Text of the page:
As a historian, I can cite too many example of why nationalism is a dangerous flag to bear. I often point to Germany post World War I as a starting point. I can point to The United States just as Easily, for our grammar school history books are littered with revisions and inaccuracies that should make us blush. At the heart of it is always an incident that the prideful people of whatever nation ignore in order to claim their exceptionalism, and teach their children why their nation is better than all the others. The revisions ignore the egg which hatch the problems, and this will never result in a solution. Not to mention that, using 9/11 to justify hate, as many factions across the United States and its Allies, is disgustingly ironic.
To answer the question of if I knew anyone: I know families who were touched by the tragedy in many different ways, from the initial strike, to the thousands of dead and wounded soldiers, and even the change to our lives as far as security laws and rules. I provide disability services at a college to students who are military and emergency workers from the city and all over the state. These men and women make me proud, but they also make me sick with how we’ve abused them. They would never admit to that. At least, not most of them would admit to that–having been spoon fed the rhetoric of hate for their enemies. What an injustice. We’ve not only permanently injured them, we’ve injured their minds and trust and given them a sandcastle to navel gaze.
The best way to remember 9/11 is to stop the hate. Stop the oligarchy that supplies power to the military industrial complex. Always use diplomacy until it is exhausted. Stop making wars happen by supplying weapons and aid to warring factions. Do not suffer the violence of a nation because you feel badly about an aspect of their history when they were victims, because they should know much better than to act as their past enemy.
Weren’t the losses that we’re still suffering to this day enough? It is a time to put aside childish things and cooperate worldwide to improve the human condition. Set aside borders and tribalism. Set aside war. If life matters, and so many protest that life does, then we cannot continue down this road of saying some lives matter more than others.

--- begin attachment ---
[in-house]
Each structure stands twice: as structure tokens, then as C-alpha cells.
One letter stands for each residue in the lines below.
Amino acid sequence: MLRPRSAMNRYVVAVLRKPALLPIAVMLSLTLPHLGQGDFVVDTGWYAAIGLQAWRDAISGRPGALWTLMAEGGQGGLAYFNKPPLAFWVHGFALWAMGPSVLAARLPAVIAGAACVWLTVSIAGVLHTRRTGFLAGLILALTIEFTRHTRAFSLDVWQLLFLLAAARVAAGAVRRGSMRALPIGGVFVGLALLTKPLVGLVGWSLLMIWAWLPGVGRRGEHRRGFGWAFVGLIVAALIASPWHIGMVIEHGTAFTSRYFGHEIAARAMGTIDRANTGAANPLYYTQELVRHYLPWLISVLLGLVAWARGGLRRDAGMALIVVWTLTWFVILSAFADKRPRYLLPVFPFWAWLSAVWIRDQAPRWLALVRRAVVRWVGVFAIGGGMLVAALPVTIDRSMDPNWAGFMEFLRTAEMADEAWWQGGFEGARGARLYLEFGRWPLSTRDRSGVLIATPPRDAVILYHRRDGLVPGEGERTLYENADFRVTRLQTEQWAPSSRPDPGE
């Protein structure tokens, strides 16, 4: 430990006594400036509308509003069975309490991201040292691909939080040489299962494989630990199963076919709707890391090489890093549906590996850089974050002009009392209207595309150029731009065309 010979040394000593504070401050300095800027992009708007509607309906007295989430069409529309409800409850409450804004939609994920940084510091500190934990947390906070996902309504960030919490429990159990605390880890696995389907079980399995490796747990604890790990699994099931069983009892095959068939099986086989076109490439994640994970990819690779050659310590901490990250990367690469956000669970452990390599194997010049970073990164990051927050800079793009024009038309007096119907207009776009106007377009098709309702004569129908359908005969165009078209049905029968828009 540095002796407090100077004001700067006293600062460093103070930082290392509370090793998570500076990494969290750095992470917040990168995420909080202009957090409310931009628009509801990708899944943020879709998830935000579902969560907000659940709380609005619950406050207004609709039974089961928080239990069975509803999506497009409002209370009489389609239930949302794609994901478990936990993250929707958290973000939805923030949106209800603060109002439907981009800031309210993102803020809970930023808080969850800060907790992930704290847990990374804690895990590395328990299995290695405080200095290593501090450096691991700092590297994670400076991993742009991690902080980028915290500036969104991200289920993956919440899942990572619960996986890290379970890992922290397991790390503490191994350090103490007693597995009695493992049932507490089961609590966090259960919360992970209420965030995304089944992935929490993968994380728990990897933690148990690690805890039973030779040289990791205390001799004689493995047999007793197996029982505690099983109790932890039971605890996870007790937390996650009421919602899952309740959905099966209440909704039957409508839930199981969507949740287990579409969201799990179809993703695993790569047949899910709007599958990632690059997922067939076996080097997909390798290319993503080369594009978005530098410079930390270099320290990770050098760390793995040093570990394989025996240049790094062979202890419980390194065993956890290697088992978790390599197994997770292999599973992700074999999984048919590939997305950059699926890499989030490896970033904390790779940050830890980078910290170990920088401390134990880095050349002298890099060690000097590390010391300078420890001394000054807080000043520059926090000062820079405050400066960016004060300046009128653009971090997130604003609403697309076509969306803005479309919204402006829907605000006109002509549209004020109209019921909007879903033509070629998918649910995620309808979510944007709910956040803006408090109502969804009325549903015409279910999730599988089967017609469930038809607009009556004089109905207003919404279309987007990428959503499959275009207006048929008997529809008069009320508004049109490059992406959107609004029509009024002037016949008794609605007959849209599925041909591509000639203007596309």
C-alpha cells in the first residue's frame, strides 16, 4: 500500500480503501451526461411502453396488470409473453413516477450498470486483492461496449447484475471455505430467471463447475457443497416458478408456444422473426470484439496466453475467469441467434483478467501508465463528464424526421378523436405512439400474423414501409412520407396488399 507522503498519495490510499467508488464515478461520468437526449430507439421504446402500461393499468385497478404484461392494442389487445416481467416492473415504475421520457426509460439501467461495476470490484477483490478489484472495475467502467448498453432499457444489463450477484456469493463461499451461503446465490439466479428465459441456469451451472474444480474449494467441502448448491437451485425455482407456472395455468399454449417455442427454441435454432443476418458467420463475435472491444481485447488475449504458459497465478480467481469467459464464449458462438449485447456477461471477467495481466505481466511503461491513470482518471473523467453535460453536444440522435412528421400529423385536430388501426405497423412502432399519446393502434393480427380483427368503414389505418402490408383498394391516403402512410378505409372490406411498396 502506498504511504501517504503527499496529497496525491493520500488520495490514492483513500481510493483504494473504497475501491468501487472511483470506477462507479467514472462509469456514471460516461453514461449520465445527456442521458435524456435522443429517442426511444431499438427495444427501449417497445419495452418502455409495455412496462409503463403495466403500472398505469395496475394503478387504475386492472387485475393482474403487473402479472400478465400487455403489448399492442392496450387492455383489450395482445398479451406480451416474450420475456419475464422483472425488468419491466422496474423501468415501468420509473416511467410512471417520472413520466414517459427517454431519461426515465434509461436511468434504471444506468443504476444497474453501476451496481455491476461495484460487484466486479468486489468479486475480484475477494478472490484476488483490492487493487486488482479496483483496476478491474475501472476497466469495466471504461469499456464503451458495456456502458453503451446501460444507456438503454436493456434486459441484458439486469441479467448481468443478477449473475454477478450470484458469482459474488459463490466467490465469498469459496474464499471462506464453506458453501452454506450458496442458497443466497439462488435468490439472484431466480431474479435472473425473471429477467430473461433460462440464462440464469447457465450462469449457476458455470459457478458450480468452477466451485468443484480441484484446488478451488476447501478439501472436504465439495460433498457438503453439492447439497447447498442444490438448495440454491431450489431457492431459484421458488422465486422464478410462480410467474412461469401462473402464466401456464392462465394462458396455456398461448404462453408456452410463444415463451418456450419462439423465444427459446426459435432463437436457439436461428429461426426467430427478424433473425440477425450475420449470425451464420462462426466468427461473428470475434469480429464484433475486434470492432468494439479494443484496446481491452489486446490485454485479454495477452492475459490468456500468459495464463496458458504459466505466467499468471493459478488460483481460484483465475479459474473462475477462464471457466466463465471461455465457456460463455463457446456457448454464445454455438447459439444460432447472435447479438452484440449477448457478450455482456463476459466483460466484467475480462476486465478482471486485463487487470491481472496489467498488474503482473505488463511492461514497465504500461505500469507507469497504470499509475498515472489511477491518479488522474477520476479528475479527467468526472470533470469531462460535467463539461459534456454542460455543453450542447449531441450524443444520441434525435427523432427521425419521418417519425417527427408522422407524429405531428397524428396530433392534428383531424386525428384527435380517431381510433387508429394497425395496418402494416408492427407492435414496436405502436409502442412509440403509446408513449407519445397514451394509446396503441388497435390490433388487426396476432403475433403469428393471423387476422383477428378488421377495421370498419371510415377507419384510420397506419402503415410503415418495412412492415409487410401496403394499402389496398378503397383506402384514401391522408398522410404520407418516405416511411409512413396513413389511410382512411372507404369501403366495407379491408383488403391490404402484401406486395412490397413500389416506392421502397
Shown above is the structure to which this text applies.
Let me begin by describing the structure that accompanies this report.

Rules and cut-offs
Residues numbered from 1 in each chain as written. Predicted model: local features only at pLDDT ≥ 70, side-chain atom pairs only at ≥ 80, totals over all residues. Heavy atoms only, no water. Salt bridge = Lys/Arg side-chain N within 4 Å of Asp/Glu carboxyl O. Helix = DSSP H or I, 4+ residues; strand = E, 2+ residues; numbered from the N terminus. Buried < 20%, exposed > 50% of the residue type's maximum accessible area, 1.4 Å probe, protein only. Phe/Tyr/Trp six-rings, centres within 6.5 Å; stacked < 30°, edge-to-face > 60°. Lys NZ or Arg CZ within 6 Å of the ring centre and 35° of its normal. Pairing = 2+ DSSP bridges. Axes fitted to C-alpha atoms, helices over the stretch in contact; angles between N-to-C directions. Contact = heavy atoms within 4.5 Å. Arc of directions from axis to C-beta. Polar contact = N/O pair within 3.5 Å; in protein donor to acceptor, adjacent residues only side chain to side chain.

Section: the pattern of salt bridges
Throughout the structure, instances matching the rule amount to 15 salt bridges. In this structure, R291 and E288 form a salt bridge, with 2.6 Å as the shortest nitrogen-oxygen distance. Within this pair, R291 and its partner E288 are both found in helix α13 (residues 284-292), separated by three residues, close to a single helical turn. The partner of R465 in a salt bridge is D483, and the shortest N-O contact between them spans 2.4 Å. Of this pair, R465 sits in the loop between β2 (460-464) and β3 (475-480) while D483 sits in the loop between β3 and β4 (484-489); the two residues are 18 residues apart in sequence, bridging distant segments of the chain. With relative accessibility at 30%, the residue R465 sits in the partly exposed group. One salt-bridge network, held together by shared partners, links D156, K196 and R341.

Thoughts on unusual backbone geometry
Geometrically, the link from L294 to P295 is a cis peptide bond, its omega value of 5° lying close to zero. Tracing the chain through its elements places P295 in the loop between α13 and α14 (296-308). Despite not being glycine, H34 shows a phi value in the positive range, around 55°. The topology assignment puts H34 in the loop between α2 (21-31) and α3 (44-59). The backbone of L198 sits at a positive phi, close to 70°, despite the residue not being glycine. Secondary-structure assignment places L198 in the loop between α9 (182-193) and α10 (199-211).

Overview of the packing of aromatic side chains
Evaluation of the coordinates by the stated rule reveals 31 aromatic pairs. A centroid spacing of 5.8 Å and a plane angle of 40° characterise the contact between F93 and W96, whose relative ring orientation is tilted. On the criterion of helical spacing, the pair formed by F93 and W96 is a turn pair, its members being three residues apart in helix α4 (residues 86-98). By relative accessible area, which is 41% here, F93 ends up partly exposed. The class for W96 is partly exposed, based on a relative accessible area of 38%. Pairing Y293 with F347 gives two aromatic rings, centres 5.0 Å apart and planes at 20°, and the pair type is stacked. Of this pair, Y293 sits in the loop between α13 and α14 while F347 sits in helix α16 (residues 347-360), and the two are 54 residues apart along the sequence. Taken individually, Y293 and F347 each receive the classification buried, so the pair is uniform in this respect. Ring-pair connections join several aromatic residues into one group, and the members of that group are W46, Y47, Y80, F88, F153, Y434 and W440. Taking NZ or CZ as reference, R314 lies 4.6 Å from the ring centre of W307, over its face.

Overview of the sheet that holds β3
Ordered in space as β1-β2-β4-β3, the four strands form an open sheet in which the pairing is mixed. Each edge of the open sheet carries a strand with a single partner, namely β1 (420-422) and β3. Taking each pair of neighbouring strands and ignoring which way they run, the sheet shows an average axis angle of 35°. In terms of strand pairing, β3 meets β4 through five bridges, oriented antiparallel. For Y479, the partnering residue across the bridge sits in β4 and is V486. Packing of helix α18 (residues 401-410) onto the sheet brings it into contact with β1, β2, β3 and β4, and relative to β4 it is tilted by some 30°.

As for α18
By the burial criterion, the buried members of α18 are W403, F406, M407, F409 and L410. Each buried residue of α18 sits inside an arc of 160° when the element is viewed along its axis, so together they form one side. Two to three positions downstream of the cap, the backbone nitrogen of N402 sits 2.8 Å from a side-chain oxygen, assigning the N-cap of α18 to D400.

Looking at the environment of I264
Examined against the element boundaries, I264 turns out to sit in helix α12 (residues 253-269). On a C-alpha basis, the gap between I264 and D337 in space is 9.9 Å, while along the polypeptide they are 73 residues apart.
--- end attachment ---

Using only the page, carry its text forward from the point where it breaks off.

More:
On September 11, 2001, I was sitting at work on a bright sunny day, and I watched thousands of people die–men and women, young people and old, black and white, American and foreign–humans just trying to live their lives, the lives that the lottery of the universe bequeathed them, the lives that mattered to someone. Here is to our emergency responders who understood that on that day–in hopes that we all will go forward with such a belief from now on, because on that day we were given proof of how little we care, as to ignore the steps that led to the tragedy.
On September 11, 2001, I sat at home watching on the news as we signed over our souls to hell.
Let’s see where the other authors were on 9/11. Before you go, check out ….Stevie Turner’s books
Stevie Turner hails from East Anglia, UK, and attributes the countryside of her home with giving her the inspiration to write. She has found her unique voice writing the kind of novels women like to read. To date she has self-published seven books, mainly dealing with the darker side of relationships and always a bit of humor. You can find details of her books on the website http://www.stevie-turner-author.co.uk/
Stevie is married, with two sons and three grandchildren. If she isn’t writing or working, then you’ll find her walking around her pretty country village. Return to Stevie’s Blog.